Released 2022. Director: Matt Reeves
"WHY SO SERIOUS?" AS UTTERED BY Heath Ledger’s Joker in The Dark Knight (still the best Batman movie) is an apt question to direct at The Batman, the latest incarnation of the caped crusader on the big screen. Matt Reeve’s version of Batman is glum, humourless, laden, airless and oh so serious.
Robert Pattinson takes over as the new Bruce Wayne. He’s bluish pale like a sculpture carved of glacier, with low-cast eyes that tell you he has Gotham’s weight on his shoulders, an angsty teenaged vampire from the Twilight movies who’s grown into a sullen thirty-something anaemic wondering how much longer he has to keep up the charade. You can tell Batman is very tired.
Too bad he doesn’t get a break. Gotham City has a new serial killer and he calls himself the Riddler. The first victim is the mayor, bludgeoned to a grisly death and this is just in the movie’s opening minutes. Riddler leaves a card for Batman, teasing him with cryptic clues like the Zodiac killer. Riddler will strike again, and each time, another card for Batman.
The emergence and modus operandi of Riddler marks him as Gotham’s new vigilante, overshadowing Batman himself. His targets are no purse-snatchers or street hoodlums but Gotham’s political elite. Riddler is draining the swamp of corrupt public officials. He obviously knows a lot more than Batman or the police department do. Riddler is a resourceful and brainy homicidal maniac who expects (and delights) to be caught. There’s a sinister satisfaction behind Paul Dano’s disarmingly childlike demeanour when Riddler is stripped of his mask. Unfortunately that’s also the end of the movie just when we finally come face to face with the most interesting character in the movie.
Batman/Bruce Wayne’s dull personality fails to light any spark with Catwoman/Selena Kyle. Zoe Kravitz brings a degree of self-respect to the thankless role of a woman in tight skimpy costume working in a seedy underground bar serving men of ill repute, a dangerously backward portrayal of the most primitive male fantasy on screen. Except of course this female character can more than defend herself when surrounded by men who exert brute force in bullying fashion. She becomes an accidental accomplice to Batman in the search for her friend’s killer and when the job is done, the two go off in opposite directions when Batman turns down Catwoman’s invitation for a new start together away from the madness of Gotham. This Batman is clearly not suited to companionship and solace. The master of melancholy needs to go back to his cave and brood, alone.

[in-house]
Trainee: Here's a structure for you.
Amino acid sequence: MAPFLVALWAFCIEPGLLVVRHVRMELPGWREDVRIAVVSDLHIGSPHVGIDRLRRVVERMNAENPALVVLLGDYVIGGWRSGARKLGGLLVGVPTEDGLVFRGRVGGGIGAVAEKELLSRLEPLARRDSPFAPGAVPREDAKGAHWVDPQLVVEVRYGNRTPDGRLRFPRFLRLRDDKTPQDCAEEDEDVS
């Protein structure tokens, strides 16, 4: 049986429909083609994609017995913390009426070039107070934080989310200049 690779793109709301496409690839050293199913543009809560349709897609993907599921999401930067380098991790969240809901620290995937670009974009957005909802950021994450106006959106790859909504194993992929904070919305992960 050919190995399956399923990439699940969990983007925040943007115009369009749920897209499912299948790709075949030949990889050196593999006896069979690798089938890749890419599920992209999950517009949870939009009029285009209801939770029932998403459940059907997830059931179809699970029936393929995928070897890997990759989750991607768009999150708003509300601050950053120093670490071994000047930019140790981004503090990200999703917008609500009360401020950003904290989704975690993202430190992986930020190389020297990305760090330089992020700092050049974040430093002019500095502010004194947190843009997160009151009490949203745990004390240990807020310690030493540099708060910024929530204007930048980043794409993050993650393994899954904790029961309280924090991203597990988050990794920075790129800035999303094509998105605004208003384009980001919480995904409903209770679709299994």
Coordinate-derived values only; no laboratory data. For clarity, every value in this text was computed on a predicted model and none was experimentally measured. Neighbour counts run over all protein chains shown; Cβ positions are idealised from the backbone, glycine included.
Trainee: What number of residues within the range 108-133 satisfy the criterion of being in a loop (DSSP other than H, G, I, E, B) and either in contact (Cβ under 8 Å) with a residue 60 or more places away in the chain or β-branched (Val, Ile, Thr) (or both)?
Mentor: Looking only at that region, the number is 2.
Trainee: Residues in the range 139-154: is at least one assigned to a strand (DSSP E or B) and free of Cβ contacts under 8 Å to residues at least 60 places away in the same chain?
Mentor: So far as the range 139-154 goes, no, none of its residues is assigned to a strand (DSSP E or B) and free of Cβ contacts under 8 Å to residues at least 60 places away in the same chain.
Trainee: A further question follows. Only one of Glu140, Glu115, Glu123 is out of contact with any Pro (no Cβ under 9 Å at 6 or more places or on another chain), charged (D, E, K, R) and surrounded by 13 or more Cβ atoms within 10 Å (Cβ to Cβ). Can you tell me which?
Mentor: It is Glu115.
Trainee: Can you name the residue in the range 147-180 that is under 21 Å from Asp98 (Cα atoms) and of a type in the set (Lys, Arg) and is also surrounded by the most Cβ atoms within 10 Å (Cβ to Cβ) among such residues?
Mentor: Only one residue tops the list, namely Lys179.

Perhaps we can attribute this lack of enthusiasm to the city itself. Perpetually dark and raining, this vision of Gotham is almost like Los Angeles in Blade Runner minus the neon. The overbearing gloom of the shadowy setting certainly accentuates the downbeat atmosphere of the movie. Christopher Nolan’s Batman trilogy, in comparison, feels and looks bright and even cheerful, which is nuts when you think about it. The 1990s Batman movies were campy and lightweight. Nolan brought sophistication to his storytelling. This latest reboot is gritty and grave. What’s missing is a psychiatrist’s couch ‘cause Bruce Wayne looks like he desperately needs to lie down next to a sympathetic listener.
When the bat signal lights up in the night sky, Batman knows his service is needed. Like a worn-out soldier he heeds the call of duty but his mission has become a burden. The lawmakers, not petty criminals, are now the trash he needs to take out. Is this a reflection of our current political malaise? Our collective dismay at rotten government and crooked powerbrokers? The light has gone out of Gotham and dark days remain, even after Batman has done his job and the villains are either in a body bag or behind bars. Not a whiff in the dank air that anything’s going to change for the better. If you find pleasure in a superhero movie that tells you the world is going down the gutter, this bat has your name on it.
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